You are no doubt familiar with the controversy surrounding the construction of the ‘Roe 8’ section of Roe Highway. Earlier this year, Emerge Associates assisted the Rehabilitating Roe 8 Steering Committee in the preparation of a restoration plan for areas that were cleared along the proposed alignment of Roe 8, prior to the projects suspension. Needless to say, committing to assist on such a high profile and contentious project was not a decision that my colleagues and I took lightly.
Our brief included community and stakeholder consultation to help identify priorities for management and the provision of technical inputs to help guide and inform management planning. It was clear from the beginning that the ‘Rehabilitating Roe 8’ plan had to address both the ‘social’ and ‘ecological’ aspects associated with restoring the bushland that was cleared. Combining social and ecological considerations is sensible way to approach restoration, but it also adds extra layers of complexity. A wide range of stakeholders were, and still are, actively involved in negotiating the scope of ‘Rehabilitating Roe 8’ and the consultation space was certainly complex. The expectations placed upon the restoration plan were also many and varied.
Luckily for us we had welcome assistance from Creating Communities in completing the stakeholder consultation program. Extensive community and stakeholder engagement was conducted between August and November 2017. Over 210 people provided input via meetings and events. The approach ultimately adopted for social aspects included communication, engagement and involvement activities which were linked to the implementation and monitoring of the proposed restoration works.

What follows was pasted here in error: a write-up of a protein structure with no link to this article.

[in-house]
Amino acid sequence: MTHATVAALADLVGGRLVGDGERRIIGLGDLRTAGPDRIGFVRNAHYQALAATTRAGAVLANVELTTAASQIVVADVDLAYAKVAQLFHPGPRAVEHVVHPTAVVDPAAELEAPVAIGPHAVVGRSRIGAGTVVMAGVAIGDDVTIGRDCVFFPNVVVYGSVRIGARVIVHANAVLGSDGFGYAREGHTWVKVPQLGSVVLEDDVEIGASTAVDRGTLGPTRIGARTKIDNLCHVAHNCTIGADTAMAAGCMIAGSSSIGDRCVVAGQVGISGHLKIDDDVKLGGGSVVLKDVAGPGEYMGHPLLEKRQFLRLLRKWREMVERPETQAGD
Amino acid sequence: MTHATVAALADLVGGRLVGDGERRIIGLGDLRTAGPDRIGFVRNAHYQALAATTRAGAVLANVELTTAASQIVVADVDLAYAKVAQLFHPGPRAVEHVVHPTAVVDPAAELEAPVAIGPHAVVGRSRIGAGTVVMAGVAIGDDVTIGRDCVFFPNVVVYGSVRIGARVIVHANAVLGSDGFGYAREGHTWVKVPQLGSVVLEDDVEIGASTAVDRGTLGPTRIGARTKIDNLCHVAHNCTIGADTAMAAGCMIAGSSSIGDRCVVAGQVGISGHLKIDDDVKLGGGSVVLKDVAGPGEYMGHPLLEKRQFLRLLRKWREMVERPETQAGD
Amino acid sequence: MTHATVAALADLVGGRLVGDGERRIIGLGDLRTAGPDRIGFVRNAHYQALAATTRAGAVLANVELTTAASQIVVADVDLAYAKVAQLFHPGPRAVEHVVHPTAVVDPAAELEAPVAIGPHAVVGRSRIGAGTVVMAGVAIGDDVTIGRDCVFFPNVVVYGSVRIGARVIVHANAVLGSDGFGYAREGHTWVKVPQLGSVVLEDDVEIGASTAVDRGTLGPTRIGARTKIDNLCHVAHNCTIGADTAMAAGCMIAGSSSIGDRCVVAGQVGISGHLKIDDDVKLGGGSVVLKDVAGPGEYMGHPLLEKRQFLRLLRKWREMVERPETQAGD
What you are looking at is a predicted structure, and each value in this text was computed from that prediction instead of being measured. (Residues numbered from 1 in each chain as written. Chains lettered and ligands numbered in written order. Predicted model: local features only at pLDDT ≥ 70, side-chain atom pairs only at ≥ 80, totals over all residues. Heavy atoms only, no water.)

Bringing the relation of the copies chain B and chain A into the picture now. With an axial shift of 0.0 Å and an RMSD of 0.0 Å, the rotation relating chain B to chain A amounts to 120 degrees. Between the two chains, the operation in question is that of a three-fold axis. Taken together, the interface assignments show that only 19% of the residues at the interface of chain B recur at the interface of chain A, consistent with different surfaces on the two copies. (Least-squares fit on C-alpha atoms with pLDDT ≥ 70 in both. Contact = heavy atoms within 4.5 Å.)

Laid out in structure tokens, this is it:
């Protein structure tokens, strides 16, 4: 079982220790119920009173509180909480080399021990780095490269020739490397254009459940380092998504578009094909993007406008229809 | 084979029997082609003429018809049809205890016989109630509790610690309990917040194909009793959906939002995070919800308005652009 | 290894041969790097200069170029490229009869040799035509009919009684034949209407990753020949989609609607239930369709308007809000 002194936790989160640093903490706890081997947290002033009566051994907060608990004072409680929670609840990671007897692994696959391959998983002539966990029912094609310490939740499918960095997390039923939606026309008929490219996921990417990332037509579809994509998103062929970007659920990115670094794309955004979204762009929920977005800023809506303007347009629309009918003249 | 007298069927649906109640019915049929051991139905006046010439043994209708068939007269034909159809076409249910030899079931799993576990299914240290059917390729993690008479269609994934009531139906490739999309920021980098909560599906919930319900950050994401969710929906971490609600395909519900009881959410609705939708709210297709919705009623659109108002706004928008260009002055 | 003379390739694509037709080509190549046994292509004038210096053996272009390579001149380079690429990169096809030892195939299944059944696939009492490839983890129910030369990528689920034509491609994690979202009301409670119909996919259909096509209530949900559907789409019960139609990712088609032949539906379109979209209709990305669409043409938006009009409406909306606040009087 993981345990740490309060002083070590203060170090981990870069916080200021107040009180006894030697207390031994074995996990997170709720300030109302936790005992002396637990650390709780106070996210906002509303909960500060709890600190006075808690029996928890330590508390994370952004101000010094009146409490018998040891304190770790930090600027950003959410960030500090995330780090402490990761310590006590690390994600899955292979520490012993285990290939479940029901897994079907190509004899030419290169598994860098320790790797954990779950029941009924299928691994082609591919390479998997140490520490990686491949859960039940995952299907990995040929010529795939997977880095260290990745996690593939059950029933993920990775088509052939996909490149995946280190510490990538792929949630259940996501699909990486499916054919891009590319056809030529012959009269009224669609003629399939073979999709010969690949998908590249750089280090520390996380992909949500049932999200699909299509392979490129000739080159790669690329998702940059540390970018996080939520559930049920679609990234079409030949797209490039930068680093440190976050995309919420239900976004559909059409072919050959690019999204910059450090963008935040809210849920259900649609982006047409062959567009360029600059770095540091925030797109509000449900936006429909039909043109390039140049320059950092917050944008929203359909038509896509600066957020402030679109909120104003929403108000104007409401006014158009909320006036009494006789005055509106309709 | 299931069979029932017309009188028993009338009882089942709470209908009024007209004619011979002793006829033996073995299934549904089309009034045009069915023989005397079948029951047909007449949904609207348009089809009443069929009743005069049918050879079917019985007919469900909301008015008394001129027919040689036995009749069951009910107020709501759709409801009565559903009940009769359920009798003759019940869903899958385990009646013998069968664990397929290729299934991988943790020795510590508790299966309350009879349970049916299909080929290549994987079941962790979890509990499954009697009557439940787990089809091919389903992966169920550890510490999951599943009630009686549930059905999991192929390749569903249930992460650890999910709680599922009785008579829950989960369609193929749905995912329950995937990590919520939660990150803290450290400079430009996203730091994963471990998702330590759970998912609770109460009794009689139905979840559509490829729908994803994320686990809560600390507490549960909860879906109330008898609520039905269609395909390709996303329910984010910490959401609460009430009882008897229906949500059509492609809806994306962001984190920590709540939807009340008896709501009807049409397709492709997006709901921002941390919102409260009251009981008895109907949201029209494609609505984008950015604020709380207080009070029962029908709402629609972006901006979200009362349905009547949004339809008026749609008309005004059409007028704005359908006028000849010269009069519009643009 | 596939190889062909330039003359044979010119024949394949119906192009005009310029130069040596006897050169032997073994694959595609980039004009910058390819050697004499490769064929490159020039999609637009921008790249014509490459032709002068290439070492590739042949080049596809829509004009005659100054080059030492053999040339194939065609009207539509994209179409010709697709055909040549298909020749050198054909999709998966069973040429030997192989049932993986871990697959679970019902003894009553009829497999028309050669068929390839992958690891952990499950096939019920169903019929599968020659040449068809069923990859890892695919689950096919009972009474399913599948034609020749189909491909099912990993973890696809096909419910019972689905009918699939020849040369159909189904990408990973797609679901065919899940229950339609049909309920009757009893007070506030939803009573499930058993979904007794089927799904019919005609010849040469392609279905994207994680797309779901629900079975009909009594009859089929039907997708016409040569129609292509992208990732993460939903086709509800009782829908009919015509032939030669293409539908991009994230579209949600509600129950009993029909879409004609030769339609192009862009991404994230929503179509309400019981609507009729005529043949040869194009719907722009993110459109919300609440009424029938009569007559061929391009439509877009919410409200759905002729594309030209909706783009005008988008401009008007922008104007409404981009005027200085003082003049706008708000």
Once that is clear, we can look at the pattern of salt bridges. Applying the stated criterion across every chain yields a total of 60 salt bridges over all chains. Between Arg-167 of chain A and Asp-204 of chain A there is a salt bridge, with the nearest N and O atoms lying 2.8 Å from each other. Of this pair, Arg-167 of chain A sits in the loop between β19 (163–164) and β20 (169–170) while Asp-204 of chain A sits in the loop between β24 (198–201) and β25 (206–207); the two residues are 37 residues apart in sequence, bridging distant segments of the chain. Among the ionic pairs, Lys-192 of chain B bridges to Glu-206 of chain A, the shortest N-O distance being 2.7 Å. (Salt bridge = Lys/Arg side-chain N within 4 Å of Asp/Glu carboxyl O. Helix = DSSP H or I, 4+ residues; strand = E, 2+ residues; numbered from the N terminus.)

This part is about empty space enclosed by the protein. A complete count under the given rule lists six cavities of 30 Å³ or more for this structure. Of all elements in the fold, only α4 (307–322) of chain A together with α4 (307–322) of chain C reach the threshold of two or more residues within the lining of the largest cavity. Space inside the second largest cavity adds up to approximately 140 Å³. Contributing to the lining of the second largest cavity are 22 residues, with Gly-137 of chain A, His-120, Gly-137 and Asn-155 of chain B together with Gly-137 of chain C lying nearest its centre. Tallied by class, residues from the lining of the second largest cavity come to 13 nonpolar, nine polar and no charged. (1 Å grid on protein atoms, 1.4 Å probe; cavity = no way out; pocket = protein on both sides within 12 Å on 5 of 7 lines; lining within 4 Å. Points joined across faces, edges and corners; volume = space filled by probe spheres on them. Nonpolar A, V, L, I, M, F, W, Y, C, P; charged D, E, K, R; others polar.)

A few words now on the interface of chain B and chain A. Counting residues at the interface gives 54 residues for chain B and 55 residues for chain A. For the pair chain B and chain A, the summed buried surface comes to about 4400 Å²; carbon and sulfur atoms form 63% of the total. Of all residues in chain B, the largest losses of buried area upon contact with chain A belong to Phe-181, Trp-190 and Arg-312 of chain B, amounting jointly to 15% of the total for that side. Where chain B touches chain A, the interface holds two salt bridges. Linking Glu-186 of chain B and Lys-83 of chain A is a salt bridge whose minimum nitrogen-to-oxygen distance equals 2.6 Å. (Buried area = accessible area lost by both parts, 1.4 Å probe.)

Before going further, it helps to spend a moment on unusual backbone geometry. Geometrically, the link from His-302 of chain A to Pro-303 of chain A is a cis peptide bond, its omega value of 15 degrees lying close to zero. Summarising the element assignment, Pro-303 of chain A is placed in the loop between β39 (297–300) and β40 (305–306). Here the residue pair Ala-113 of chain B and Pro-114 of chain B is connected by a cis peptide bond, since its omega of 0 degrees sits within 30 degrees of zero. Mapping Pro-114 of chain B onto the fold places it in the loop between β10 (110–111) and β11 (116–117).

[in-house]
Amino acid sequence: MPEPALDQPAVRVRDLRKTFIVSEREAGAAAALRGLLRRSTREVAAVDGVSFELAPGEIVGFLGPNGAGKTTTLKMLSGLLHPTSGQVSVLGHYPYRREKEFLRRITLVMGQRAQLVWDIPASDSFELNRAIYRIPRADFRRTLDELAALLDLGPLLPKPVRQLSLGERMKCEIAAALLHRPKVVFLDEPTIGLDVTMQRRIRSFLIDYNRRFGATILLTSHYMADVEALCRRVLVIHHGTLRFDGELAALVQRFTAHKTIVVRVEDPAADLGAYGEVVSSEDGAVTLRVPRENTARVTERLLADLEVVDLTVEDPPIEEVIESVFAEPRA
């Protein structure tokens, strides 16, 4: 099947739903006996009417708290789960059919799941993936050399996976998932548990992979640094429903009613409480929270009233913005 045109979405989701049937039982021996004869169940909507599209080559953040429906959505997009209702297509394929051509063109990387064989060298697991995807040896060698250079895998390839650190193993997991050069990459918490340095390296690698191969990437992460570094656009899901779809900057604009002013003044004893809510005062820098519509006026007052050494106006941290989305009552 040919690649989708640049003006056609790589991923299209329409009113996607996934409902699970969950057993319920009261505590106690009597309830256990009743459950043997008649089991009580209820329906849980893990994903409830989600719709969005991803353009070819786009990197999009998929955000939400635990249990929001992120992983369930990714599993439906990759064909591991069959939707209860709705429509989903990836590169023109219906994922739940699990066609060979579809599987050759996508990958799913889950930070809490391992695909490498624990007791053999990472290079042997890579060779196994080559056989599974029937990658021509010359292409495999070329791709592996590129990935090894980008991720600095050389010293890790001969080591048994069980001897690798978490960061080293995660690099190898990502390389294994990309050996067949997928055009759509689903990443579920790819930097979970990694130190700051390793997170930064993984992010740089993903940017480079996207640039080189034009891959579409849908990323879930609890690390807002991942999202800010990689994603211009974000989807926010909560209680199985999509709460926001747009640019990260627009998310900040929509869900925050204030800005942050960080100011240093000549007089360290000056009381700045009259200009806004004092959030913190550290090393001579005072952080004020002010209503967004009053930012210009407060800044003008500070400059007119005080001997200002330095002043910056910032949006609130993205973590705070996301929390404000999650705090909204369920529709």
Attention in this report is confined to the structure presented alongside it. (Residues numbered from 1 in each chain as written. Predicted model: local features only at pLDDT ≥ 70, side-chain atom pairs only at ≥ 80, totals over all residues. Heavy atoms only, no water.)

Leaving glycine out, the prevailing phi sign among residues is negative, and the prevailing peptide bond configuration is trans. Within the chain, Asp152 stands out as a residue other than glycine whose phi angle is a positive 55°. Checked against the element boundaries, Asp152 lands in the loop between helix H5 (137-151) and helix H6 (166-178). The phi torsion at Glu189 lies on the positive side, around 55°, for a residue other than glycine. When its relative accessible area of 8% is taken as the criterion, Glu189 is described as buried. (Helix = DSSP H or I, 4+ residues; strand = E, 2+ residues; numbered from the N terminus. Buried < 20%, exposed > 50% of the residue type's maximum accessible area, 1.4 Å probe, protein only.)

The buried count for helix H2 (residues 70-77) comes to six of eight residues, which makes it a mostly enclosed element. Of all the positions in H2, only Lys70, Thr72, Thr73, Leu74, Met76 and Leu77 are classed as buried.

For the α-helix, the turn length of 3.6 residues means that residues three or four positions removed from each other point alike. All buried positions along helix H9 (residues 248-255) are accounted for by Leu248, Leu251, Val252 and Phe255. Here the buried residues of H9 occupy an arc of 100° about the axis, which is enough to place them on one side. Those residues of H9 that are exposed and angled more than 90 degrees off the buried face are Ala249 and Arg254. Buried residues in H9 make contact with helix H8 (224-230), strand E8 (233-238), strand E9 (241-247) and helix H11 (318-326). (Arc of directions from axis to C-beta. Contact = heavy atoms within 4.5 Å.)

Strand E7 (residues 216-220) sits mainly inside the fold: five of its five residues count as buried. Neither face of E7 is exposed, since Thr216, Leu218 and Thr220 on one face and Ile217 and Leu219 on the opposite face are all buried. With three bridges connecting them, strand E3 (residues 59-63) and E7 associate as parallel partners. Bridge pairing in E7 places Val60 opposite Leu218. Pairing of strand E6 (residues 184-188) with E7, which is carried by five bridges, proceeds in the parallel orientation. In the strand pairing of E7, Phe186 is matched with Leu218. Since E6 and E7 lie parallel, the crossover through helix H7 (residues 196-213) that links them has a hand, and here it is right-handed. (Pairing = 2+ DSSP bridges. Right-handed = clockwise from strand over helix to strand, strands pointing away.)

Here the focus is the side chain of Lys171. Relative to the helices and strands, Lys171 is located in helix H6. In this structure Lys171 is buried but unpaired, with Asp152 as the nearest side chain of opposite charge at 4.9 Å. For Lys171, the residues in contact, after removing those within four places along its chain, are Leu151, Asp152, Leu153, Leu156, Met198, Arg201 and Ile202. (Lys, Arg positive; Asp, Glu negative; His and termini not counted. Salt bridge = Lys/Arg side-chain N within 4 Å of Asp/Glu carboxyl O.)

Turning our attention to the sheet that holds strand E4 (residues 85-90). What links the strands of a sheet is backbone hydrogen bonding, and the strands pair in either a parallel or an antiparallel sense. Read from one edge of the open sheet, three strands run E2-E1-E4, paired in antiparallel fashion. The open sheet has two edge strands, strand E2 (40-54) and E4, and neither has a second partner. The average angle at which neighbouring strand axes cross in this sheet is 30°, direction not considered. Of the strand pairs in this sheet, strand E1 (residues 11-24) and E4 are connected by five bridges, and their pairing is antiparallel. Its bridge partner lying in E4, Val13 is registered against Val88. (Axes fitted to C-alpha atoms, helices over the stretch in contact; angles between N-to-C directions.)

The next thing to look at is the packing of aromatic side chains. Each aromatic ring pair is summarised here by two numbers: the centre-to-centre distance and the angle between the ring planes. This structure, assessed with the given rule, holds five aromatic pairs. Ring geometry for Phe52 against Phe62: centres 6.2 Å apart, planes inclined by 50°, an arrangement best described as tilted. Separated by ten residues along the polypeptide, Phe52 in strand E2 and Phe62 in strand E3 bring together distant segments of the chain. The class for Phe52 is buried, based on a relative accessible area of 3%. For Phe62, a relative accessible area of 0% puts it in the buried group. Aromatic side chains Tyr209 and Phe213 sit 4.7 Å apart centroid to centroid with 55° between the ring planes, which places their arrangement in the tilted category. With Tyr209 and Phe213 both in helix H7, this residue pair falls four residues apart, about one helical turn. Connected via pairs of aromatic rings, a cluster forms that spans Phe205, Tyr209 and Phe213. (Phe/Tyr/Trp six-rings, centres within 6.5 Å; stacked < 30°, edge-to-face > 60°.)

Luckier still we had a ready-made guideline for restoration management planning to base the restoration plan upon: The National standards for the practice of ecological restoration in Australia (the Standards).
The Standards are a great resource because they provide a systematic, concise and adaptable framework for restoration projects that are appropriate to any Australian ecosystem. Moreover the Standards recommend principles that underpin current best practice. For example, principle 6 of the Standards states that ‘social aspects are critical to successful ecological restoration’, which was never more apt than when applied to Roe 8.
The Standards also outline steps to plan, implement and monitor restoration projects and provides a clear scheme for labelling terminology that helps avoid conflation (‘key performance indicator success completion criteria target’ = an ‘objective’, brilliant!). The standards and other information about them can be found at the Society for Ecological Restoration Australia website and are definitely worth checking out.
The Rehabilitating Roe 8 restoration plan was approved by Rita Saffioti, Minister for Transport in early June this year.
Tom will be presenting on this topic at the upcoming SER Conference in Brisbane www.sera2018.org